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daine on how Charli XCX influenced their shift in sound from emo trap to pop music

Ever since daine released the beautiful, melancholic “Picking Flowers” in 2020, people have been trying to pin the Filipino-Australian artist down.

They haven’t made it easy, either, releasing songs that take influence from hyperpop (“boys wanna txt”), trap (“Ascension”) and Midwestern emo (“cemetery dreams”) that all maintain an otherworldly escapism. There’s been a glitching, punishing collaboration with Bring Me The Horizon’s Oli Sykes (“SALT”), while future-pop champion Charli XCX has taken daine under her wing.

Read more: How Mothica’s Nocturnal helped her through the darkest period of her life

Quantum Jumping, their debut mixtape, was released in March but was written years earlier, with daine describing it as a “tombstone to their adolescence.” It was quickly followed up by standalone singles “sleepwalking” and “dragging” ⁠— both of which lean heavily into sad, stripped-back and emotional elements but bristle with newfound confidence.

“I think it’s almost impossible for me to be boxed in,” they tell Alternative Press from a studio in London. Everything they make is “super intuitive. I never have a direction or a genre in mind; I just try things until I stumble upon what I like. My music is basically a Choose Your Own Adventure book ⁠— you never know what you’re going to end up with, but it’s always vibes.”

With the start of a new chapter right around the corner, daine spoke to Alternative Press about a newfound love of pop music, wanting to be more mysterious online and playing their first-ever international headline shows.

Quantum Jumping was released earlier this year. Why was it so important that those older songs were shared with the world?

It would have felt wrong to not release them. My younger self put so much into those songs — I had to honor that. RIP them, they worked hard and made something beautiful. I think it’s really confused some people though because musically, it’s about two years behind where I am now. I go into sessions, and people tell me they have a bunch of sad guitar stuff, which is not the one. I have to explain that those songs were written when I was 16. I’m not the same person anymore.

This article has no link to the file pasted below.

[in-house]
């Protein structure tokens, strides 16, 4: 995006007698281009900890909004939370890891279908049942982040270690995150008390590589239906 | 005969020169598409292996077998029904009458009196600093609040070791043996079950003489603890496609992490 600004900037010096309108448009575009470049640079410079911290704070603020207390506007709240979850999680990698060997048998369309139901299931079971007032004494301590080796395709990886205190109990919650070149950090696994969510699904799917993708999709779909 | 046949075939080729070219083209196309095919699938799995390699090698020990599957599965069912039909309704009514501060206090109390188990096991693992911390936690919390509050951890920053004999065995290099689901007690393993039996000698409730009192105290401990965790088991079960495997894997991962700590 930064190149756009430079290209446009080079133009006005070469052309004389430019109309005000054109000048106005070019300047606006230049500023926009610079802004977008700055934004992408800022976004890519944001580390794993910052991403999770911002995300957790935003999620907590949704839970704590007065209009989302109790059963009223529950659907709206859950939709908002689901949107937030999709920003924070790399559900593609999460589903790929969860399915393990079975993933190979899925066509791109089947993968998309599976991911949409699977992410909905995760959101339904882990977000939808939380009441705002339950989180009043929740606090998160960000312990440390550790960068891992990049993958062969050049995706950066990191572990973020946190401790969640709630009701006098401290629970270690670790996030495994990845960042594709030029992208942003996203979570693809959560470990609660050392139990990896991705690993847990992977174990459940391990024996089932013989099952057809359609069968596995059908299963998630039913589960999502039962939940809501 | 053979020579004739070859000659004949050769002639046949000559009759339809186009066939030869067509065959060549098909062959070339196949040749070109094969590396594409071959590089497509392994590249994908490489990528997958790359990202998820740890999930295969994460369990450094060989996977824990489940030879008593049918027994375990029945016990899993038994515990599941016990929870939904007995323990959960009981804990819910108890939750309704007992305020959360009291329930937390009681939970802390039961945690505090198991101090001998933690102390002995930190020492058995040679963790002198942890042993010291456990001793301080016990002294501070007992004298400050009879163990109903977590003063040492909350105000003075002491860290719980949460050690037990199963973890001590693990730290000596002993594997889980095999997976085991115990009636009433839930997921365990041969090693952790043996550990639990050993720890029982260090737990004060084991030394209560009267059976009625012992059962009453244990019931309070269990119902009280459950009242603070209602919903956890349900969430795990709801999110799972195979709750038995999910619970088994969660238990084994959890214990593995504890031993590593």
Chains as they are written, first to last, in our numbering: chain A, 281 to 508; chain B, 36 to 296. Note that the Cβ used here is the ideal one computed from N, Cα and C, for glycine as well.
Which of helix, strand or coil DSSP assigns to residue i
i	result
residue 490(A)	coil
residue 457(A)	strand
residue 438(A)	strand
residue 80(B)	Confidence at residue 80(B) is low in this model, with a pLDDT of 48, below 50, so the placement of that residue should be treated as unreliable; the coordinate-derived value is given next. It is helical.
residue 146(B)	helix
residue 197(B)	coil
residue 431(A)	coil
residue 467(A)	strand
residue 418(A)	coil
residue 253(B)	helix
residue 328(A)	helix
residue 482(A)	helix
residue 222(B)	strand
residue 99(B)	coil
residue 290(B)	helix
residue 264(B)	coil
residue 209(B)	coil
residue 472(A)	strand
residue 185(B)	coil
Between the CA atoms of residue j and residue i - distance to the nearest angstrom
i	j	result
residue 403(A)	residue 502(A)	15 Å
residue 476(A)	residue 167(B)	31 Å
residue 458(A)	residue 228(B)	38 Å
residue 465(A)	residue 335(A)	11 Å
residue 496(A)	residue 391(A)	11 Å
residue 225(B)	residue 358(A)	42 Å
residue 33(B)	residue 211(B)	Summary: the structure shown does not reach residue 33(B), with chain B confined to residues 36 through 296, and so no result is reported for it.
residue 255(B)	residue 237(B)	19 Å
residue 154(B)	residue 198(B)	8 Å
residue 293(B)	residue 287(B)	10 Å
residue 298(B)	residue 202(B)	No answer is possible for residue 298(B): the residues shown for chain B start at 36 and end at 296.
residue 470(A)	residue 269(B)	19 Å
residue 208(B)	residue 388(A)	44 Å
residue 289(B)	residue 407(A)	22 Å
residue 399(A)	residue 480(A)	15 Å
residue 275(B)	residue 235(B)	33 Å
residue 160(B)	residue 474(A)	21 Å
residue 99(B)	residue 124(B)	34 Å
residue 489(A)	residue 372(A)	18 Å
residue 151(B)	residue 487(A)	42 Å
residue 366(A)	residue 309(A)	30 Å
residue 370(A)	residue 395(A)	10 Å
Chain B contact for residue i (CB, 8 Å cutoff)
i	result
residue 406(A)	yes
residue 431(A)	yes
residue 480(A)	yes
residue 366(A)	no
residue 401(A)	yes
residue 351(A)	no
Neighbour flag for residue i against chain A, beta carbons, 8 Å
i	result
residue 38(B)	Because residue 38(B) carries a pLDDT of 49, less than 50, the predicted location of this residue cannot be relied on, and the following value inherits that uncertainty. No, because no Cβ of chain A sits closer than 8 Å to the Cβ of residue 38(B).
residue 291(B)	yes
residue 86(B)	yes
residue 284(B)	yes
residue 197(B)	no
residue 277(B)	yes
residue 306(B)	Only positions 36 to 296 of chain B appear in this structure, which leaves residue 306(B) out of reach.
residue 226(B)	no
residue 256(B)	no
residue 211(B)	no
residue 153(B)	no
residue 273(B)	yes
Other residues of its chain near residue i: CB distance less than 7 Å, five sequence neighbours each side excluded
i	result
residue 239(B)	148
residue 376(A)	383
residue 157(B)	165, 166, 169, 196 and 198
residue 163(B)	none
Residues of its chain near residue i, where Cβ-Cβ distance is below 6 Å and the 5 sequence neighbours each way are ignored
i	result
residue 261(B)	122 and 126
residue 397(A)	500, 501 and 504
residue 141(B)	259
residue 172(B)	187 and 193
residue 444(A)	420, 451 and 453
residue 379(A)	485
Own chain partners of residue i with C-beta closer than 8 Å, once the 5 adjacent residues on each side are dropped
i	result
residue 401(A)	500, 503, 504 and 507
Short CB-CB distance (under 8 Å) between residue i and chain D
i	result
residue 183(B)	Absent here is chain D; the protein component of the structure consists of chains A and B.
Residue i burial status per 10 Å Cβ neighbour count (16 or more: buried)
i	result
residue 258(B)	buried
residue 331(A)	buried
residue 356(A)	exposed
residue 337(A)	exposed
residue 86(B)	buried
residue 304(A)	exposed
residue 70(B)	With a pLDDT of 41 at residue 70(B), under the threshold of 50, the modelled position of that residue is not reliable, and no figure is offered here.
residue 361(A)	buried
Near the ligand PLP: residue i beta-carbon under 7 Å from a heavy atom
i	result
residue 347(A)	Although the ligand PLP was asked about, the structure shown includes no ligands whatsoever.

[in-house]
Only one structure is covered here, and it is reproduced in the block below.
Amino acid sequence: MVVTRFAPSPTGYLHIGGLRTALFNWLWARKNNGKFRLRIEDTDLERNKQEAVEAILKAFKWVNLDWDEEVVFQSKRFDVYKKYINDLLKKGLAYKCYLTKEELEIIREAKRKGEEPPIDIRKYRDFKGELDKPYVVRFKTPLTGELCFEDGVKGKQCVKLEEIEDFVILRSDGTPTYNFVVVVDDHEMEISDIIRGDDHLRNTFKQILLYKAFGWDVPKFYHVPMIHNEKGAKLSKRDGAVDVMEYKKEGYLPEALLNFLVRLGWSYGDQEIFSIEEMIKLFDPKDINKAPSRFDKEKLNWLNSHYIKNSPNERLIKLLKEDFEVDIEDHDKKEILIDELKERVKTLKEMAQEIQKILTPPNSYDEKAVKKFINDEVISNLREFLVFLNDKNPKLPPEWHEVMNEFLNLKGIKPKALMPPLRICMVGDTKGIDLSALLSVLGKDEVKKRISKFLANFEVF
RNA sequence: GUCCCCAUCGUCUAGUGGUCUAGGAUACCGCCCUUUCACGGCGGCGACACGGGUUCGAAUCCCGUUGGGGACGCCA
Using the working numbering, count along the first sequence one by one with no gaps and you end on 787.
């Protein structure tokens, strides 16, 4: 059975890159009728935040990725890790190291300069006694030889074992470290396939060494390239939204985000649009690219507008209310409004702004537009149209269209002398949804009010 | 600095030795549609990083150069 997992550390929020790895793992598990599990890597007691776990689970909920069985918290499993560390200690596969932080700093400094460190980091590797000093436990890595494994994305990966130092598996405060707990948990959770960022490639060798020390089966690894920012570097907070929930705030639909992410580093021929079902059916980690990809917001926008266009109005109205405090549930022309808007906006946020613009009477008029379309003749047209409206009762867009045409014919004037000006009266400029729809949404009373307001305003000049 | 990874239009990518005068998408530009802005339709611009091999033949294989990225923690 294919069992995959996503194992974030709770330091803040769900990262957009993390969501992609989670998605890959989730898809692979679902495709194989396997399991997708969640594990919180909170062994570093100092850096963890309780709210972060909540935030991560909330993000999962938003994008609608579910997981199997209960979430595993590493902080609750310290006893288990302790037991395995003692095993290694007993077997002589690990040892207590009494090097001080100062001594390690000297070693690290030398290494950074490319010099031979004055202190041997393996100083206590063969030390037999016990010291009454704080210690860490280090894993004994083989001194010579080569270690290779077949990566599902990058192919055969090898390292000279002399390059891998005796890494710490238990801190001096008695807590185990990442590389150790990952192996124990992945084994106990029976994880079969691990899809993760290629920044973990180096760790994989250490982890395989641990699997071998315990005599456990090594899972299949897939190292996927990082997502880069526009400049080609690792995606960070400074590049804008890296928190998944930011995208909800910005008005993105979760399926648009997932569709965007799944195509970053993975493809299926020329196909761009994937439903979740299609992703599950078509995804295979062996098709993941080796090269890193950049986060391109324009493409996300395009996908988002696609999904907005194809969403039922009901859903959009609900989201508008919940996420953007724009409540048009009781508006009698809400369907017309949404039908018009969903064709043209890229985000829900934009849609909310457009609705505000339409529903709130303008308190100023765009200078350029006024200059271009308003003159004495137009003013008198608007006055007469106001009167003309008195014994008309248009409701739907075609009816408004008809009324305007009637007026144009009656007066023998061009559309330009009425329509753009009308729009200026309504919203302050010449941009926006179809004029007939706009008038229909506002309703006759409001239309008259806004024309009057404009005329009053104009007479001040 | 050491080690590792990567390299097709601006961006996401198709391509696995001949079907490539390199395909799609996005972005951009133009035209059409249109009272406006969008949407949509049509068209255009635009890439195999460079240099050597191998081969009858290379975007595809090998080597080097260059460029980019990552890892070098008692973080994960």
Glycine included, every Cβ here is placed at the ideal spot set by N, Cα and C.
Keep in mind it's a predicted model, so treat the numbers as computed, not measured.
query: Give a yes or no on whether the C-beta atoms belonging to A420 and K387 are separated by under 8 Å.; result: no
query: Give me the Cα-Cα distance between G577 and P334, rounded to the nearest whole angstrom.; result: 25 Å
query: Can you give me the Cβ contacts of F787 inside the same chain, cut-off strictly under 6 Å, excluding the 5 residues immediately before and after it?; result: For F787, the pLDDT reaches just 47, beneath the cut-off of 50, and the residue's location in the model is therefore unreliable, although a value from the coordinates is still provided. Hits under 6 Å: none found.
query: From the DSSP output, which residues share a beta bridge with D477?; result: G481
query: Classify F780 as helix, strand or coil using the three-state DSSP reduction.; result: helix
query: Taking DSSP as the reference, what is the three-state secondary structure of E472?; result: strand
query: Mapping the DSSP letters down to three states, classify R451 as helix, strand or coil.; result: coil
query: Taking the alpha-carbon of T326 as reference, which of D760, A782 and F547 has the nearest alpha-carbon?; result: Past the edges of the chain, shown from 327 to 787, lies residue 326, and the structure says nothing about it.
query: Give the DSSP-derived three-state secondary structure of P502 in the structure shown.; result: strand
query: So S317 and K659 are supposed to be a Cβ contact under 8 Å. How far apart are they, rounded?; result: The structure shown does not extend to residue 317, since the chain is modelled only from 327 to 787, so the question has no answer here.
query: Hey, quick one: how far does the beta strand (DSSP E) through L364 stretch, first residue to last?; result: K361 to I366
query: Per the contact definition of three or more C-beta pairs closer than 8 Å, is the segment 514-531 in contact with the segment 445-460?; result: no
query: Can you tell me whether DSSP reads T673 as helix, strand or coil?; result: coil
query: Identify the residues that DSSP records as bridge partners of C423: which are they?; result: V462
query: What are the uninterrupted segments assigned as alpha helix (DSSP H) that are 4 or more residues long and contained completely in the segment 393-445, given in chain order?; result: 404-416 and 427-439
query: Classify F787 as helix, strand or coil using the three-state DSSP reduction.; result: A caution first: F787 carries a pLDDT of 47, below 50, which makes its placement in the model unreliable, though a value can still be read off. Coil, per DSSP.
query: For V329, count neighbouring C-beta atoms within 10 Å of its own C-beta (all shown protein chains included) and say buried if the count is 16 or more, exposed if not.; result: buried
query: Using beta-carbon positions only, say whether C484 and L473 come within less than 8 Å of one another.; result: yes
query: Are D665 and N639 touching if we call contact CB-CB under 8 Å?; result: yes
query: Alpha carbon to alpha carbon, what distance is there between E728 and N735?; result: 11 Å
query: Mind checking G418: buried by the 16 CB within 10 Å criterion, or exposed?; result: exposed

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You followed it up quickly with “sleepwalking.” What does that song mean to you?

It’s the first song that I’ve written as an adult. I wrote it on a trip to LA earlier this year, and that visit was full of these big, coming-of-age moments ⁠— I went through a breakup, I was writing every day and I just became so much more confident as a musician. I can’t say too much else about that trip because there’s a lot more music to come from it, but “sleepwalking” is about change, evil incarnate and cryptic dreams. I’ve never actually slept walked, though.

Does it feel like the start of a new chapter?

Everything’s about to get fucking crazy and poppy. I feel like things are going to start moving quicker than ever because I’m more confident but also because I don’t have a bunch of songs from when I was teenager haunting me. Quantum Jumping lifted a burden. Now I can do whatever, which is exciting.

Pop you say?

I just want to have more fun. I feel like I’ve made a lot of music that’s really reflective and honors a lot of those big moments in my life. I’m at a point in my life where using music as a coping mechanism and as an outlet to process trauma is done. All the bad shit is over ⁠— I’m out of high school, I processed my breakup, I’ve got a fun job. I really shouldn’t still be writing emotionally heavy songs. It’s time to find joy and make stuff that bangs.